- Asda's sales slump as Wal-Mart unit commits to more price cuts
- Leader Tesco cedes more shoppers as sales drop accelerates
German discounters Aldi and Lidl attained a landmark in their invasion of the U.K. grocery market, reaching a combined 10 percent share as sales slump at supermarkets including Wal-Mart Stores Inc.’s Asda.
Data from researcher Kantar Worldpanel showed that the budget chains have doubled their share in little more than three years, with Lidl making particularly strong progress in recent weeks. Asda’s third-quarter same-store revenue fell 4.5 percent, the company said Tuesday, committing to additional price cuts in an effort to regain shoppers from the discounters.
Aldi and Lidl have added a million shoppers in the last year, Fraser McKevitt, Kantar Worldpanel’s head of retail and consumer insight, said in a statement. Last week, Lidl unveiled a more spacious store layout and a 1.5 billion-pound ($2.3 billion) investment plan to gain even more customers. Asda Chief Executive Officer Andy Clarke said he expects difficult conditions to persist into 2016.
“We will continue price cuts at a similar pace or potentially even more aggressively,” Clarke said at a press conference in London. Asda plans to cut prices by more than the 1 billion pounds over five years that it committed to in 2013, he said. More than half of that amount has already been achieved.
Lidl’s sales growth accelerated to 19 percent in the 12 weeks to Nov. 8, giving the company a record market share of 4.4 percent, Kantar said. Aldi’s sales rose 17 percent, meaning its slice of spending was unchanged from the previous month at 5.6 percent.
“With plans to open hundreds of stores between them, they’ll noticeably widen their reach to the British population,” McKevitt said of Aldi and Lidl.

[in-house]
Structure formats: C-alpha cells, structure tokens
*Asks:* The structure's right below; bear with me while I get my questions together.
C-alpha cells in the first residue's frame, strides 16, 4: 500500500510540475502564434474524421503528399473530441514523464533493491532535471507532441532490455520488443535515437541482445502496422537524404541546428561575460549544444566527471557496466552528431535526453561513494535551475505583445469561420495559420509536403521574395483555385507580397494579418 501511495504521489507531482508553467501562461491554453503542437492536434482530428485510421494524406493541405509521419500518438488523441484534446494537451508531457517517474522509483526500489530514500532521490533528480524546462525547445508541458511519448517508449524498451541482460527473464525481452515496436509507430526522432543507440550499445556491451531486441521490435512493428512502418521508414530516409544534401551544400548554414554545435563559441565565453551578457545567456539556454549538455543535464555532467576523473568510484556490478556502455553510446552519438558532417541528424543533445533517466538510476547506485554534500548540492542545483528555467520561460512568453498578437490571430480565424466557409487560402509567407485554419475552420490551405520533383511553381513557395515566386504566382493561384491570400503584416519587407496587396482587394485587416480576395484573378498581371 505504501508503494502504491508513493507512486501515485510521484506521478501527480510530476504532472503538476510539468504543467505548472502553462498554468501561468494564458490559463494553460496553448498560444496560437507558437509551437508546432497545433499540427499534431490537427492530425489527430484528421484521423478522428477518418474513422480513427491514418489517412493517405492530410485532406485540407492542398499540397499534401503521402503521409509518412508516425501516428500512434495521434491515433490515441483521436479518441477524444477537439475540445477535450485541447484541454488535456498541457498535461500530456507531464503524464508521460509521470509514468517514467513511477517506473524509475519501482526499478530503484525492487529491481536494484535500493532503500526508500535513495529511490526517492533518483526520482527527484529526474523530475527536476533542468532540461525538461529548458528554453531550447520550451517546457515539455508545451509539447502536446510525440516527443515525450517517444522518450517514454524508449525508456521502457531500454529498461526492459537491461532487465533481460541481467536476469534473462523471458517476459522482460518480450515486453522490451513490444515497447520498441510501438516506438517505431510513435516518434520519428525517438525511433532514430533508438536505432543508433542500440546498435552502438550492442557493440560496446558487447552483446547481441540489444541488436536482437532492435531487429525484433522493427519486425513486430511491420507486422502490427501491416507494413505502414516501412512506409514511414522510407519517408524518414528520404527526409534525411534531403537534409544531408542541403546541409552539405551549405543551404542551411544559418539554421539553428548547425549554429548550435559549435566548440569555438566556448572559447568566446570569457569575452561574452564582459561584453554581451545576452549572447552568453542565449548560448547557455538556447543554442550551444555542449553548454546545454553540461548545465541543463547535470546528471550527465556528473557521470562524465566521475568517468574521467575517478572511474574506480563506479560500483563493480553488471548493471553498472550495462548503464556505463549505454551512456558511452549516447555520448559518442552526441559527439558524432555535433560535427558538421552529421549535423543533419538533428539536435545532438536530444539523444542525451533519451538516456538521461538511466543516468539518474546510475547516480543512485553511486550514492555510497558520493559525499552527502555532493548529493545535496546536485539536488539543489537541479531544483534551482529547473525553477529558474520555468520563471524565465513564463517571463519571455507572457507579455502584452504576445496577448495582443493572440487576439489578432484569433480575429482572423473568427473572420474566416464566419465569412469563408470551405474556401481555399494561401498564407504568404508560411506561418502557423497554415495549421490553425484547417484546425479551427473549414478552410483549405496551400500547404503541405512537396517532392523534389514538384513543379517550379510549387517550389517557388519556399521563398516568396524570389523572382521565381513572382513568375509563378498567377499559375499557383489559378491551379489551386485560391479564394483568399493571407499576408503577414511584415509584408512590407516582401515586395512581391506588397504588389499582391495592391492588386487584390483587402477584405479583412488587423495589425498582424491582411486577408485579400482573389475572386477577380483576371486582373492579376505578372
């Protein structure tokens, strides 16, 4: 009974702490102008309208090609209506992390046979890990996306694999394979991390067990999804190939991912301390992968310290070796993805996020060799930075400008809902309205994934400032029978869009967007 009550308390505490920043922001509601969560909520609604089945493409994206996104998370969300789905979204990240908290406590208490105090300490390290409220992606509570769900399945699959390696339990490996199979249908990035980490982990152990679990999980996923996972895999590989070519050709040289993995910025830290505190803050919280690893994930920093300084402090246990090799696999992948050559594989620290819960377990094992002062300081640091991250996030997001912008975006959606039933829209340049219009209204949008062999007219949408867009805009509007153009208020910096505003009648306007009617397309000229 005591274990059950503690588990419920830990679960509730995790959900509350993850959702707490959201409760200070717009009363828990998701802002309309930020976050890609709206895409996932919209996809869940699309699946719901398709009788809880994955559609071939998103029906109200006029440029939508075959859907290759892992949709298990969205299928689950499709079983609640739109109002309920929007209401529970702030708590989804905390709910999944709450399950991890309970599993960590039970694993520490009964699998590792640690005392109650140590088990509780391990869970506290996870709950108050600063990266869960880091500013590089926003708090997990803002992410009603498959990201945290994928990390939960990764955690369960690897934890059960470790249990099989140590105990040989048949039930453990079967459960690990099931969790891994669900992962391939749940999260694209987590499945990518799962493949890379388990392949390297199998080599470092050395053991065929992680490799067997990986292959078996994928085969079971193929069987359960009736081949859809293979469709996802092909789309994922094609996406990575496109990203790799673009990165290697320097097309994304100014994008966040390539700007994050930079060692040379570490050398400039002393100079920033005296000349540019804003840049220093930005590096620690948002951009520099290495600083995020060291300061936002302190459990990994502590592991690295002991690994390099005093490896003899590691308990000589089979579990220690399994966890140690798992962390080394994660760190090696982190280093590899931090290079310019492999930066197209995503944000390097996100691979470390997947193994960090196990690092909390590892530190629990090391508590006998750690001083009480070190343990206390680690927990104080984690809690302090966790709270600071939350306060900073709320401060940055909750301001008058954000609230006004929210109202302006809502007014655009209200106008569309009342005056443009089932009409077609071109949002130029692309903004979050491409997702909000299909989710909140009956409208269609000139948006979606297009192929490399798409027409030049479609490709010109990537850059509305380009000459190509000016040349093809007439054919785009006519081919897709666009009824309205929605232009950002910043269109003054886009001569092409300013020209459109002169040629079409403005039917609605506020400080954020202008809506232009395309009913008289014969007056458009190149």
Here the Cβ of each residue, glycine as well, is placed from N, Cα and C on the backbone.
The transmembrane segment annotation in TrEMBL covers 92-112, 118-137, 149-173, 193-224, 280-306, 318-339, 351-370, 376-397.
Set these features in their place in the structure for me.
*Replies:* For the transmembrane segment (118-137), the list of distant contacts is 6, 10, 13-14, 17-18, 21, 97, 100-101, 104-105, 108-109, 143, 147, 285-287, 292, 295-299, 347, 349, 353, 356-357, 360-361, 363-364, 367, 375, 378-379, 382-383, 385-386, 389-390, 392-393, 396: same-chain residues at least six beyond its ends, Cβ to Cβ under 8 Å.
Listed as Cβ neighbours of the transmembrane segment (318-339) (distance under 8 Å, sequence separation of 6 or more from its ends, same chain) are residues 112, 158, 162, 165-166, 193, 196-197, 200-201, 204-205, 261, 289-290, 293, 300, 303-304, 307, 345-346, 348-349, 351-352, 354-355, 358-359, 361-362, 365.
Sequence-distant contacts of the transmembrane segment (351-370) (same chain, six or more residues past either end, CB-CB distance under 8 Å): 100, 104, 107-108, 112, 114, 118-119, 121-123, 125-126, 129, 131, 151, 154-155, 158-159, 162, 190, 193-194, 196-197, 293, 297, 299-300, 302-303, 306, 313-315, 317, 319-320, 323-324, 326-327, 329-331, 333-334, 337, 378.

Kantar’s research showed that Britons are spending more each time they visit a discounter than they do elsewhere. The average spend per visit to an Aldi or Lidl store rose by 4 percent from a year earlier to 18.85 pounds. That’s 78 pence above the industry average, Kantar said.
Asda fell behind J Sainsbury Plc in Kantar’s rankings, with its competitor now the U.K.’s second-biggest grocer by market share behind Tesco Plc. Asda’s market share slipped to 16.4 percent, while Sainsbury’s rose by 0.2 percentage point from a year earlier to 16.6 percent. That was the first increase of any of the U.K.’s four main supermarkets since October 2014.
Sainsbury shares gained as much as 3.6 percent in London after tumbling last week when the company said the U.K.’s main supermarkets will need to cut prices further. Revenue rose 1.5 percent in the last 12 weeks, Kantar said.
Tesco’s performance worsened, with 12-week sales dropping 2.5 percent. Sales at Wm Morrison Supermarkets Plc dropped 1.7 percent, Kantar said.